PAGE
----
The Person Behind The Posts

Thursday, November 17, 2011

Blind Anxiety

In Holon, an Israeli city just south of Tel Aviv, I had a most unusual experience this past week.  On the grounds of the Children's Museum in Holon, there is an exhibit officially called "Dialogue in the Dark" but more commonly known as The Blind Museum.

I heard about it from my kids, who both went with school trips.

It's not a simple thing to get in as an individual because you have to go through the experience in groups of 10 and groups with English-speaking guides are less common.  So when I found that the OU Israel Center was organizing a tour for English speakers, I signed up immediately.

The exhibit puts a group of 10 people together in total darkness, led by a blind or visually impaired guide.  For an hour and a half, you have only your white cane, your wits and the assistance of your blind guide to get you through a maze of experiences, including visiting a park, a busy city street, a market and getting on and off a boat.

Our guide, Meir, was a calming presence in anxious moments.  At the beginning of the tour, Meir reminded us that we are all virtually addicted to sight, relying on it nearly to the exclusion of our other senses.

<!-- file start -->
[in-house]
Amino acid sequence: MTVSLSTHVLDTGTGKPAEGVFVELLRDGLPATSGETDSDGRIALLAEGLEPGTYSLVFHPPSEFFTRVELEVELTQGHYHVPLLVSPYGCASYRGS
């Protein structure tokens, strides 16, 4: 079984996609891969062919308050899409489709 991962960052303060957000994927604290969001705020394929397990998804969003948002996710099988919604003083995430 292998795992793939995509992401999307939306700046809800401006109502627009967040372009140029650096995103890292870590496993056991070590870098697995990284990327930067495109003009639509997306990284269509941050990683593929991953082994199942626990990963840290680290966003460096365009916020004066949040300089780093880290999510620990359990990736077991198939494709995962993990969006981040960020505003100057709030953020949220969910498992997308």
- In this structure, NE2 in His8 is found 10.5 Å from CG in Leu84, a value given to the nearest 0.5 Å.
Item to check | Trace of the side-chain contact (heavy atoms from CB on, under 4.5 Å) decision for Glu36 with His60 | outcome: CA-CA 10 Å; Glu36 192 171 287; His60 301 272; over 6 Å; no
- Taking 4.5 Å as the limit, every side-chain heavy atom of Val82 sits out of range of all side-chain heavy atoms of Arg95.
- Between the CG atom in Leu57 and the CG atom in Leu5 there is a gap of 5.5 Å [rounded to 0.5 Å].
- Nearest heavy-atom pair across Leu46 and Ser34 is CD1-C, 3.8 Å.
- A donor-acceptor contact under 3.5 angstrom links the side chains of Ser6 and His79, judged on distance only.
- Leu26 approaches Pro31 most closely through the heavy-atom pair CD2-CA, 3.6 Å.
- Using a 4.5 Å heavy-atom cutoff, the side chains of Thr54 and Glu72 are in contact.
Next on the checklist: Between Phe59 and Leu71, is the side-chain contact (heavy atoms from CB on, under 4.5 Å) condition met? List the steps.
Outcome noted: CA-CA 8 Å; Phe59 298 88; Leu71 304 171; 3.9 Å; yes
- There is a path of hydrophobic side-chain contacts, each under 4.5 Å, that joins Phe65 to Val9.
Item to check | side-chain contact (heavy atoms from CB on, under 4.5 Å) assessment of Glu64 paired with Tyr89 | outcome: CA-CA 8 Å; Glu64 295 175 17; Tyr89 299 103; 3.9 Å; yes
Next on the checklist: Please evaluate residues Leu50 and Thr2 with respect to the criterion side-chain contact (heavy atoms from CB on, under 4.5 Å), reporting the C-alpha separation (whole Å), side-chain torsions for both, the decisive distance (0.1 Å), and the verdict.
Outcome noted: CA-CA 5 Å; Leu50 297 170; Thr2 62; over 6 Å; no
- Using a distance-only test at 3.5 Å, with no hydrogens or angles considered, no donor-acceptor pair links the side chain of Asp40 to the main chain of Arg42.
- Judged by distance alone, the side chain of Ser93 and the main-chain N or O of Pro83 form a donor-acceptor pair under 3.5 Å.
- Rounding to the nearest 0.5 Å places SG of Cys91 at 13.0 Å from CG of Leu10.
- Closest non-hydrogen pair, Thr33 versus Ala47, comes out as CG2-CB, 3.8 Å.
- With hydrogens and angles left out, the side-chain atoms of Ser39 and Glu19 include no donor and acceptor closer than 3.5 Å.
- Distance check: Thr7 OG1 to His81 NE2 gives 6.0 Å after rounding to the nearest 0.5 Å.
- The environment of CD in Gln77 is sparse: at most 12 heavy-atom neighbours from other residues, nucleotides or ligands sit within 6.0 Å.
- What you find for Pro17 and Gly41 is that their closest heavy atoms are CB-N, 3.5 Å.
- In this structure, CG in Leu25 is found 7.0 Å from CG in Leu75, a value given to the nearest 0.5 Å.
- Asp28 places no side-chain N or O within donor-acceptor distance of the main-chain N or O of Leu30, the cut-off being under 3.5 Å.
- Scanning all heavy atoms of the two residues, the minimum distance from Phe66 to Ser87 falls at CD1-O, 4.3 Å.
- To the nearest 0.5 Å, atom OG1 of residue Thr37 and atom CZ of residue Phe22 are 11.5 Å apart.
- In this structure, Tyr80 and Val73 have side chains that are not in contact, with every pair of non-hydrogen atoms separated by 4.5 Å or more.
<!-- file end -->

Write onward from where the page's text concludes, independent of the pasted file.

Especially in the beginning, I felt completely vulnerable just stepping forward.  I had no sense of orientation, no way to anticipate what was coming and a general, low-level anxiety about getting though the experience without getting lost or hurt.

Later, it occurred to me that this feeling was familiar.  Being suddenly unable to rely on one's sense of sight is a lot like being an adult olah chadasha and being unable to rely on one's language and one's familiarity with the surrounding culture. 

Frequently, as a new immigrant, I am faced with the need to do things that cause me anxiety.  Not paralyzing, but certainly uncomfortable. So many things are still so new and, because I don't understand the language well enough to be a confident communicator, some days, there is a near-constant hum of disquietude.

This experience, the necessity of frequently facing things that make me uncomfortable, is a truthful part of my klita story.  I didn't know to expect it when we made aliyah. 

To be certain, it's not every day that I feel it. And, as I get used to certain routines, the areas over which I feel a sense of competence increase. For example, I think I'm getting the hang of using the Rav Kav card. 

And tonight, I made cinnamon challah in my Israeli kitchen and they look and smell fabulous. 

So, for today, I've banished my low-level olah anxiety with the mitzvah of challah for Shabbat. In Israel.

And that about captures what my life feels like these days.

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